Russian Yuriy Gritsenko, known as the “Zelenograd Chikatilo” after a previous Soviet-era serial killer Andrei Chikatilo, preyed on women in Moscow and the Moscow region. In September he volunteered to go to war in Ukraine where he has been serving in a medical evacuation platoon, according to the Russian telegram channel Shot citing sources.

Gritsenko, 62, was due for release from penal colony IK-10 in Mordovia this summer after serving his full 22-year sentence, but volunteered to serve in a Storm Z unit and was released to serve. However, he was found to be unfit for a combat role so was selected for the medical evacuation platoon.

 

According to the media, Gritsenko asked to go to war to earn money on the outside, because, according to Shot, after the death of his mother her apartment in Zelenograd was returned to the state. His contract with the Russian army will end when the war in Ukraine ends, after which he will be released.

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At one time, Gritsenko kept all of Moscow and the Moscow region in fear. A serving police officer he was dismissed from the force for drunkenness. He committed his first murder in 1993, beating his victim to death with a frying pan.

After serving nine years in prison, he was released on parole and committed a series of attacks on women within a year. He attacked his victims with a hammer because, by his own admission, he “liked the dull sound of the blow,” the Shot post reported.

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The maniac, who killed five women and injured ten others, was finally caught by a bus driver who heard the screams of his next intended victim. The bus driver saved the woman and managed to hold Gritsenko until the police arrived.  Before the series of murders, Chikatilo was registered in a psychiatric clinic with a diagnosis of schizophrenia.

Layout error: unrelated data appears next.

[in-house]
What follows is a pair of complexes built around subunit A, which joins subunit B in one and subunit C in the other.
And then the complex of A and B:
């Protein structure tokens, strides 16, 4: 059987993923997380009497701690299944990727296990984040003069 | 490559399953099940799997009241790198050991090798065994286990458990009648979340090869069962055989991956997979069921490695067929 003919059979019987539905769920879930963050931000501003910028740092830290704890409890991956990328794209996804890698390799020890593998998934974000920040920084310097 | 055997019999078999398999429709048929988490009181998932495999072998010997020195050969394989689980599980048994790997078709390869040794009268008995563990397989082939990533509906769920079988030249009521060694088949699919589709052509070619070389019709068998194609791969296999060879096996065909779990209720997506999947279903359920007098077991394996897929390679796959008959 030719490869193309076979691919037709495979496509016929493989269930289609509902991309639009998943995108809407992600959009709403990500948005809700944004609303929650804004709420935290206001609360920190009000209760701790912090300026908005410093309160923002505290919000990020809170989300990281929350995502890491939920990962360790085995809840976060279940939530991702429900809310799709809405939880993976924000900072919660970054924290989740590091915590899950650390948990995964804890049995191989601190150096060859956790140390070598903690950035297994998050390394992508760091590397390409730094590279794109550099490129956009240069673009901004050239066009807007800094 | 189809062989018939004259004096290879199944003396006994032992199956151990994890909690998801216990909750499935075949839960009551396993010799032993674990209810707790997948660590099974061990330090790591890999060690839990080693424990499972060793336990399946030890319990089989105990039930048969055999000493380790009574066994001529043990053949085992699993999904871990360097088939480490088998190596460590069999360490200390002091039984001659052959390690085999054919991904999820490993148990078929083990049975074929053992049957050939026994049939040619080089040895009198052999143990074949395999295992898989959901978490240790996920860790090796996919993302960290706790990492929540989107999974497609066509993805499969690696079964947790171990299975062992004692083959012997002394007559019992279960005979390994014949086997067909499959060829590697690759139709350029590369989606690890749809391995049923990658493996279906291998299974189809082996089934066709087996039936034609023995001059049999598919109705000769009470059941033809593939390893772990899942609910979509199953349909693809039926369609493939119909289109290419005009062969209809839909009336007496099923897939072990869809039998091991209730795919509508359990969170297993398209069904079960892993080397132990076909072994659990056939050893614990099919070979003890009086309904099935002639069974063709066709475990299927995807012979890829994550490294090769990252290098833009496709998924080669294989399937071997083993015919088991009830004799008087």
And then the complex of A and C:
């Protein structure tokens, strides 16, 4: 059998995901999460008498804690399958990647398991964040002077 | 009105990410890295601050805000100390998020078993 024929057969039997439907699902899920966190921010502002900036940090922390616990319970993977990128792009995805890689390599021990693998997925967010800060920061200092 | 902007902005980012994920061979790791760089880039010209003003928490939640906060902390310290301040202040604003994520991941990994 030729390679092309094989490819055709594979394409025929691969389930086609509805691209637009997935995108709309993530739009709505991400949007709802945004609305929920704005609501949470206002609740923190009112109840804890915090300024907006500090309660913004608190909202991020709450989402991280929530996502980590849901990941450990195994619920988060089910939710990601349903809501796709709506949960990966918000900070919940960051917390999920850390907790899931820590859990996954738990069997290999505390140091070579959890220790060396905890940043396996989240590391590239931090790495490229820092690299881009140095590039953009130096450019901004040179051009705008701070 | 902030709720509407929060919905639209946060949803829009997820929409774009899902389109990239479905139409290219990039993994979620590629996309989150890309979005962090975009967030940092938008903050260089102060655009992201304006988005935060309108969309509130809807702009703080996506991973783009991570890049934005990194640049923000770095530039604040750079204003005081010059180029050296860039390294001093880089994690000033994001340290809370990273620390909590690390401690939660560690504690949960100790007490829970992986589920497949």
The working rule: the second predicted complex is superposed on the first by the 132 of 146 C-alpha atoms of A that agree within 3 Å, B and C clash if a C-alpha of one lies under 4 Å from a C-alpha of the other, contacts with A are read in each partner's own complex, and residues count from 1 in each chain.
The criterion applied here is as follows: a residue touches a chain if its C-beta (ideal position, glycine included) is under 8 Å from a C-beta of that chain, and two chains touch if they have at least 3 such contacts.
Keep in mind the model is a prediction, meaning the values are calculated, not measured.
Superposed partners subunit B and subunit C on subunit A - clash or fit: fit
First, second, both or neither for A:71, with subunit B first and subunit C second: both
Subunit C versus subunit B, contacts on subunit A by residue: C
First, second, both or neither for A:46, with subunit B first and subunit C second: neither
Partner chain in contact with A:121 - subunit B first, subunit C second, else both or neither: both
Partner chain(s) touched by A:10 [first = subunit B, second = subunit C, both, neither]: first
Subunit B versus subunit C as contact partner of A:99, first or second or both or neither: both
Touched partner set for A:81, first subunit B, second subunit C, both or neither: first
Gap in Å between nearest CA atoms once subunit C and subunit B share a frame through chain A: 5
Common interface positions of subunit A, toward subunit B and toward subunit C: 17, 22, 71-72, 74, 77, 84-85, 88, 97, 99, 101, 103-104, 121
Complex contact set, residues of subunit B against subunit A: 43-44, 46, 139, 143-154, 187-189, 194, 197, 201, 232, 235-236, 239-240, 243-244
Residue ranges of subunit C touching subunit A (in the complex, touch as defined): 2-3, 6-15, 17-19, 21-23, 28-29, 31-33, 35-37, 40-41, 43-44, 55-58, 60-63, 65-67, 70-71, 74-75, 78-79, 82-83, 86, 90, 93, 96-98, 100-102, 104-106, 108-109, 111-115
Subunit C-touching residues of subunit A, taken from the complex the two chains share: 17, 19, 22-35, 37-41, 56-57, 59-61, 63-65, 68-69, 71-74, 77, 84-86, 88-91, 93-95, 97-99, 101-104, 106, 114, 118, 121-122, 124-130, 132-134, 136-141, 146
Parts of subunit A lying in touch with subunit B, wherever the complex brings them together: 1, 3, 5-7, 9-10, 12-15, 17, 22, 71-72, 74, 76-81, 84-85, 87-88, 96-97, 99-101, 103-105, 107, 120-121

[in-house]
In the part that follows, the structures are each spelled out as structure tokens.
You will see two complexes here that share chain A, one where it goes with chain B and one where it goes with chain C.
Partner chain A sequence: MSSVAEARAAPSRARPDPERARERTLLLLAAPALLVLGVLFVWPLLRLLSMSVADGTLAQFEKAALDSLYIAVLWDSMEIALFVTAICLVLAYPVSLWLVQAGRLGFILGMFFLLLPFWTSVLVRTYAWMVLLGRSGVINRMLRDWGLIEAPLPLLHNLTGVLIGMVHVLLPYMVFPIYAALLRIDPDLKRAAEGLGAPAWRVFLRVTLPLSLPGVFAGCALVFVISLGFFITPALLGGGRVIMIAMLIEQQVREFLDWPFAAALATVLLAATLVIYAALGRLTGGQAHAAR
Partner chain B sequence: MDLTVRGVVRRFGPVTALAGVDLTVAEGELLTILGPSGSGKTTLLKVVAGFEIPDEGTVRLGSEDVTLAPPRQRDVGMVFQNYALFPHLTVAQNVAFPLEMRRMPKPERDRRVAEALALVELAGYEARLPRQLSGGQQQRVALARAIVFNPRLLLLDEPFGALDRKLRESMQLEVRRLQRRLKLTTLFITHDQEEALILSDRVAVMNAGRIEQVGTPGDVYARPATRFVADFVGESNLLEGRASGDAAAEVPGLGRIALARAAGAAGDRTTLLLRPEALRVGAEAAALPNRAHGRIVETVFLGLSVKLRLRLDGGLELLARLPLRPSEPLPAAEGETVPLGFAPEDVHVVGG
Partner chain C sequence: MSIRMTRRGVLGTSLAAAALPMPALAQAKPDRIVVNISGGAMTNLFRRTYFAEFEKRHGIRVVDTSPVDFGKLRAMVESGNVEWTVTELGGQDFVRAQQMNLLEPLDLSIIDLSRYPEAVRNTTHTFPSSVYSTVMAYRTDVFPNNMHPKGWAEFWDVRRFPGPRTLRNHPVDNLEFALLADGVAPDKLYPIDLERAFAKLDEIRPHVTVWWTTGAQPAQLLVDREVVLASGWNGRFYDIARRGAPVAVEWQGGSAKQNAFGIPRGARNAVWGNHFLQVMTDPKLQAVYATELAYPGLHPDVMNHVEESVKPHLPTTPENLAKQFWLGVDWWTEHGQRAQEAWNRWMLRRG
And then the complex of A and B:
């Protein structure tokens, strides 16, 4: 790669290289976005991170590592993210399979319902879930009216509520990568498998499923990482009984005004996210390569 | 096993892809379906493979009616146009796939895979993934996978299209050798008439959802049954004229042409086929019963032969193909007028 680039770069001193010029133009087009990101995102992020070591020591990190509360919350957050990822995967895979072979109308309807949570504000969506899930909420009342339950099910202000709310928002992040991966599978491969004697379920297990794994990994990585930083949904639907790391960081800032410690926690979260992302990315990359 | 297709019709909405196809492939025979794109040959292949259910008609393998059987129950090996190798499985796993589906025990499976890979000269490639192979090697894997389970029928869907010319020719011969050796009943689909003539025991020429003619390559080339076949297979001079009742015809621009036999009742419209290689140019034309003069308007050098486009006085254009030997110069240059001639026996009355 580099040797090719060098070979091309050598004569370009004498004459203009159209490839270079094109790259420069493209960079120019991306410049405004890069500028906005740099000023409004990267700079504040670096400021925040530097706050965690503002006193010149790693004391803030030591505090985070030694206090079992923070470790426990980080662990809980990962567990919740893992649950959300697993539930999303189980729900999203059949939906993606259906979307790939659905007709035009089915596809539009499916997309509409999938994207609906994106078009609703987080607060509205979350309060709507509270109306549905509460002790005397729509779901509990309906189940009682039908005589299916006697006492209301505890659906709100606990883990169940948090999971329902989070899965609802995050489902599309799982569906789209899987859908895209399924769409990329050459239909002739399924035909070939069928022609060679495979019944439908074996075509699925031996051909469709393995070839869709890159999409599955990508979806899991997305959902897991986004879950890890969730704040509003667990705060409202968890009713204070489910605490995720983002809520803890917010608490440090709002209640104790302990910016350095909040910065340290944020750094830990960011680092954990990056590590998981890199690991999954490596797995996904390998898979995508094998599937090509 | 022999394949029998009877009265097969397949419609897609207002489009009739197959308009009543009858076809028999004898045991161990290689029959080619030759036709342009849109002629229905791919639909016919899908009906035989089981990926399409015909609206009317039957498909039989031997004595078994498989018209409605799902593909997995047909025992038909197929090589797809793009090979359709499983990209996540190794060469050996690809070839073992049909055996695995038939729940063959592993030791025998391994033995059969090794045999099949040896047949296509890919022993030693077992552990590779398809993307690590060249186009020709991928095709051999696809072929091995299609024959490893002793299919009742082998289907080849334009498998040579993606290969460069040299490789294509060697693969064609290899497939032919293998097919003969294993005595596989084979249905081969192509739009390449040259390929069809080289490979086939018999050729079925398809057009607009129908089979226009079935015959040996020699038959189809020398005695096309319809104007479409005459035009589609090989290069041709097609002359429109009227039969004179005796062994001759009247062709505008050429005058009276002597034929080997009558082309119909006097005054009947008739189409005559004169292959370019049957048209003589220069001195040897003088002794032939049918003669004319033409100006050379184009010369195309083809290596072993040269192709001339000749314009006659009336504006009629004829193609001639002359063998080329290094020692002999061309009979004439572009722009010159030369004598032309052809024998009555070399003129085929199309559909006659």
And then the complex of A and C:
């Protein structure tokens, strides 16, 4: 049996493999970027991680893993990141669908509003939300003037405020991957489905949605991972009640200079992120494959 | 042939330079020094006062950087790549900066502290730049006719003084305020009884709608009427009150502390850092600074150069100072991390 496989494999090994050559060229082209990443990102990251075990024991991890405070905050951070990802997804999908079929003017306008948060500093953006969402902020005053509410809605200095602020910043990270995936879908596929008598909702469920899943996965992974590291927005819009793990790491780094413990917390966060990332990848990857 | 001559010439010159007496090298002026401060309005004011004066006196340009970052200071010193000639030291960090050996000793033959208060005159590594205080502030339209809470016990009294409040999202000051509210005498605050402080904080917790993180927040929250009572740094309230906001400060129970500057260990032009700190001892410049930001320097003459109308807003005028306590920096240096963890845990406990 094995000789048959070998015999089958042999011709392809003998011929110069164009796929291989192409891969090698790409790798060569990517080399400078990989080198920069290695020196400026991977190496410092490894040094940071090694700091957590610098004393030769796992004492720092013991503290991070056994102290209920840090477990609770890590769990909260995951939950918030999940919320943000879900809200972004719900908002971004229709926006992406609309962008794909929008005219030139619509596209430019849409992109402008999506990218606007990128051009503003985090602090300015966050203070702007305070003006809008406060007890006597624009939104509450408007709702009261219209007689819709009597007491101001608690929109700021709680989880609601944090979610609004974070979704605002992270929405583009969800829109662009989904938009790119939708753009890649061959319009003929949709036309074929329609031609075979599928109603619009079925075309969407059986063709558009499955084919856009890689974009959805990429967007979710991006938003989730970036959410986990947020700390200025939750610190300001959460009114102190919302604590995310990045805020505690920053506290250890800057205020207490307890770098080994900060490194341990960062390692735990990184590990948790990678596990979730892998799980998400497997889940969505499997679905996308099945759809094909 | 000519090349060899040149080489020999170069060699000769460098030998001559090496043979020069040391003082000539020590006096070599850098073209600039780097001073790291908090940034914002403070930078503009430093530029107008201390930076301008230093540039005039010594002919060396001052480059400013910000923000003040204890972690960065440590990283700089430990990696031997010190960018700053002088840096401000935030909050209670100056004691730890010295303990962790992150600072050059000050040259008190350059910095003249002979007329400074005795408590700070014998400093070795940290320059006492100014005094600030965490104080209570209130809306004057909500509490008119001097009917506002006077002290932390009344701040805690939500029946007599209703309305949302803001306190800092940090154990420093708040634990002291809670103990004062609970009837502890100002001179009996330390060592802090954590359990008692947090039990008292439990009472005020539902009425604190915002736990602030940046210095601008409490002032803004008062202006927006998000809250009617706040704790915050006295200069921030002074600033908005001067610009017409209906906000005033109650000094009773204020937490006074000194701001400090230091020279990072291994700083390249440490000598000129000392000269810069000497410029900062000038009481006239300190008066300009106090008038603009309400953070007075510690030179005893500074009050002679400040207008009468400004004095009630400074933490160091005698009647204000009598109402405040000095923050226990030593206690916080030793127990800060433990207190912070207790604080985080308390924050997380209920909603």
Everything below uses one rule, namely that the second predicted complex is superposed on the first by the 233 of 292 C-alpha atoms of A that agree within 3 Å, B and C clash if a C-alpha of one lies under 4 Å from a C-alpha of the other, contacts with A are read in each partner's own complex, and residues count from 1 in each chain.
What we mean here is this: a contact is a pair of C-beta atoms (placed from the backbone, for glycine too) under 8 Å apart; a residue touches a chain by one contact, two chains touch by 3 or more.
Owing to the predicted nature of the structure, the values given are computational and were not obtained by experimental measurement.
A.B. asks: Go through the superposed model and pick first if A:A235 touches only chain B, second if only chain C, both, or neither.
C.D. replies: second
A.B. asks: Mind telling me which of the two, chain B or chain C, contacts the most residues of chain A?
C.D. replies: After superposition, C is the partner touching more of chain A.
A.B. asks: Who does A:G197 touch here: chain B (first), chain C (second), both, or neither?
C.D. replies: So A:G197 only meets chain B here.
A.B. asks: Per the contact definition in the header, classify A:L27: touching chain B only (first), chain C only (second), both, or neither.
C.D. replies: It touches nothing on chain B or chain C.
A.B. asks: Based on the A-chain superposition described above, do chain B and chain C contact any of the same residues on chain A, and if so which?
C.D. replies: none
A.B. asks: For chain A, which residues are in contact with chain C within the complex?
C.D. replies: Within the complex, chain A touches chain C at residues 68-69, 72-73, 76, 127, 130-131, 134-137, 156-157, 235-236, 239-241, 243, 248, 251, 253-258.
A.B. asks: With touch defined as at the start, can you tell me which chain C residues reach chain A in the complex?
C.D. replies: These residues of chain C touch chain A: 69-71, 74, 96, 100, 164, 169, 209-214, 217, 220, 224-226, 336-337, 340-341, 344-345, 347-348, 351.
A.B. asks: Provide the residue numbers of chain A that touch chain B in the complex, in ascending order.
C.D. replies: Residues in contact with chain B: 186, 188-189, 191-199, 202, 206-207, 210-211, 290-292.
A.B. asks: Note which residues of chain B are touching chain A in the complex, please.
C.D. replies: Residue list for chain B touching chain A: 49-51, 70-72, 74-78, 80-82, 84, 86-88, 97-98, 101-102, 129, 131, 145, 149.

Nina Ostanina, head of the State Duma Committee on Family Protection, proposed developing a special bill to provide legal protection for Russians from former prisoners who commit new crimes after returning from the war in Ukraine.

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“Law enforcement agencies must take responsibility for protecting citizens from such criminals. It is necessary to establish regular control over their movements and provide them with employment assistance,” Ostanina wrote on Telegram.

Last November, a Kyiv Post journalist spoke with Russian POWs currently being held in Ukraine, one of whom, Sergei, said he was one of many Russian soldiers who have been promised release from prison, a pardon from the state, and a salary of about $2,200 a month – almost twice the average salary in Russia.

“Our entire 4th company is recruited from former prisoners,” Sergei, who served two and a half years of the seven and a half years he was sentenced for murder before being recruited into the Russian army, he said.

According to him, some of his fellow prisoners have already had their military contracts expire, but they have not been released.

“It doesn't really mean anything to them. You have to stay in the army until the war is over,” he said.

A report in the Independent news site in April said that in 2023, Russian soldiers serving in occupied Ukraine were charged with more than 20 murders, while more than 100 homicides were committed by returnees in mainland Russia in the same year.

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